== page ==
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China, a terrible suspicion

Back in 2006, allegations first came to light that prisoners of conscience were being killed on demand for organ transplants throughout China, but in 2015 China said they had transitioned entirely to voluntary donations. A new report suggests this claim is simply not plausible, that this apparent overnight transition to ethical organ sourcing hides something far more unpleasant.

It has taken other countries years to develop transplant programmes using voluntary donation. Based on the proportion of registered and actual donors in the United States, China’s 373,536 registered donors (in 2017) would have yielded only dozens of donations.

A 2017 investigation by TV Chosun, a South Korean TV station, led to a full investigative report by The China Organ Harvest Research Center, released at a transplant conference in Madrid in July. COHRC investigators visited multiple hospitals and concluded that China is performing not the current 15000 annual transplants it claims, but around 70,000, with over one million since 2000. This is despite a declining rate of death-row executions.

China has not enacted laws governing ethical organ sourcing, donation, procurement and allocation or brain death. Agencies charged with regulatory oversight are empty shells, run inside ministry-approved transplant centers. Chinese hospitals advertise and quote waiting times for organs from living donors ranging from days to weeks, with extra cash for faster transplants, and promises of backup organs if the first fails. Dates on which matched organs are available are given well in advance. One hospital performed 10 heart transplants in one day in October 2016. Another offered investigators free liver transplants for the first ten children to register. There is an apparently unlimited stream of vital organs from still-living donors.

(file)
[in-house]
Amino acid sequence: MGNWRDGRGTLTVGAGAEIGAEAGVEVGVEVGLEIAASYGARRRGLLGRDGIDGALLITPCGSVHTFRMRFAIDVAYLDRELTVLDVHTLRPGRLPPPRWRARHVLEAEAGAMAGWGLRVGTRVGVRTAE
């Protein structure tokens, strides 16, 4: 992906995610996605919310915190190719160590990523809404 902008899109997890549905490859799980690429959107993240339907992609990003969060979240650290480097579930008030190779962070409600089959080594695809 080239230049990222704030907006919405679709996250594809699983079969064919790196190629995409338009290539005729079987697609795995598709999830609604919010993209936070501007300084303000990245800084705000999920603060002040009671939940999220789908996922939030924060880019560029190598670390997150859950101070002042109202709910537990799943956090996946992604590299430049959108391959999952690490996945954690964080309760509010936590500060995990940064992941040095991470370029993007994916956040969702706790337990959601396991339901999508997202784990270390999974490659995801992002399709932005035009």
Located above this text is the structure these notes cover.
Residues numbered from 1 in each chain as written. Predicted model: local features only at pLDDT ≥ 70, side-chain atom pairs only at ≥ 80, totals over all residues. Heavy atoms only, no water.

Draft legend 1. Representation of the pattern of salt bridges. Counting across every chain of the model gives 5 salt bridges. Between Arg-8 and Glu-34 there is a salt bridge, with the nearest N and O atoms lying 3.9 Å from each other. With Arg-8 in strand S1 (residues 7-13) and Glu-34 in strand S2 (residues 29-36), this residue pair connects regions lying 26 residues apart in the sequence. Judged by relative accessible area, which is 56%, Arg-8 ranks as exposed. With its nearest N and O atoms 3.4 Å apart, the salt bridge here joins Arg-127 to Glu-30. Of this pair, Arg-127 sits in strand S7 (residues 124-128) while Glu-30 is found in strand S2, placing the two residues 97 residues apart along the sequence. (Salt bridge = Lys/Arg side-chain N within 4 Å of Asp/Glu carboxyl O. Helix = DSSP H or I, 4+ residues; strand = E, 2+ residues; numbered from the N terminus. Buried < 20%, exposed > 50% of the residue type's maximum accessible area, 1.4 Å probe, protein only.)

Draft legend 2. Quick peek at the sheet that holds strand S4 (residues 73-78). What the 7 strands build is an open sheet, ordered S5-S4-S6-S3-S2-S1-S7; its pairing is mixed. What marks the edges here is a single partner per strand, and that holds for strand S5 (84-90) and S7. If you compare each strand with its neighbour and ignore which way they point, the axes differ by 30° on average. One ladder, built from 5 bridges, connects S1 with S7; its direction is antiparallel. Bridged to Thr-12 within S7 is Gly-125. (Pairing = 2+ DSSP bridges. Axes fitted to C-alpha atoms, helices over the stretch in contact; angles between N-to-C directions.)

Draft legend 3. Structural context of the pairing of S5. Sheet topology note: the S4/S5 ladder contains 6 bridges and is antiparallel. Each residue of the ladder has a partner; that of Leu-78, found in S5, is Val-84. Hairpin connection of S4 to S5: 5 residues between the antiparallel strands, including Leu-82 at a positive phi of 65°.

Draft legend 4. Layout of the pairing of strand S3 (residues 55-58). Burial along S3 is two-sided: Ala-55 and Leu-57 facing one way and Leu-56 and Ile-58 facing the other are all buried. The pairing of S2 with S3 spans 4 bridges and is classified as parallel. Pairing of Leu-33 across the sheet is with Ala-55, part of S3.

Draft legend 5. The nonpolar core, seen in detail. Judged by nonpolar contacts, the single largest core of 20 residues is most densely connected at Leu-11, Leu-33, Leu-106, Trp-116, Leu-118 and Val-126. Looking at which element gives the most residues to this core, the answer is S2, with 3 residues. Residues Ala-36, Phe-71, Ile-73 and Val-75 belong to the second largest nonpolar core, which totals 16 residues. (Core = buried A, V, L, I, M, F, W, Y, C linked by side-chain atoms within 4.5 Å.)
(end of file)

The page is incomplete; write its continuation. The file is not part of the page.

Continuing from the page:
Who are they? The report’s awful conclusion is that, in China, those defined as enemies of the state are not tried for their ‘crimes,’ but logged on DNA databases as resources for harvesting. It alleges that the vast majority of organs are procured from prisoners of conscience in extrajudicial killings, allowing the government to destroy opponents without those embarrassing trials and sentences, whilst pleasing foreign dignitaries and wealthy ex-patriate Chinese, and allowing surgeons to pursue stellar careers. Claims that transplant tourism is forbidden are contradicted by the three floors of international transplant wards in one hospital. Nurses told investigators most recipients were from South Korea and the Middle East.

Falun Gong practitioners are the largest group of prisoners of conscience in China. They have been forcibly tissue typed both in state custody and in their homes since 1999, which is broadly when the transplantation drive began. They been protesting their claims of organ harvesting outside the Chinese embassy in London since 2002. In December 2017, Human Rights Watch reported that the Chinese government had also collected DNA samples and blood type data from 19 million Uyghurs in Xinjiang, calling it a public health program. The government now has a national database of more than 40 million, including dissidents and migrants, and plans to expand the number of DNA records to 100 million. The report expresses concerns that this information represents a product inventory.

The ethics of organ transplantation is based on donors of vital organs being indisputably dead prior to extraction. China’s transplant surgeons continue to appear at international transplantation conferences claiming to be participants an excellent, donation-based system restricted to Chinese nationals. The truth, it seems, may be hidden in plain sight.





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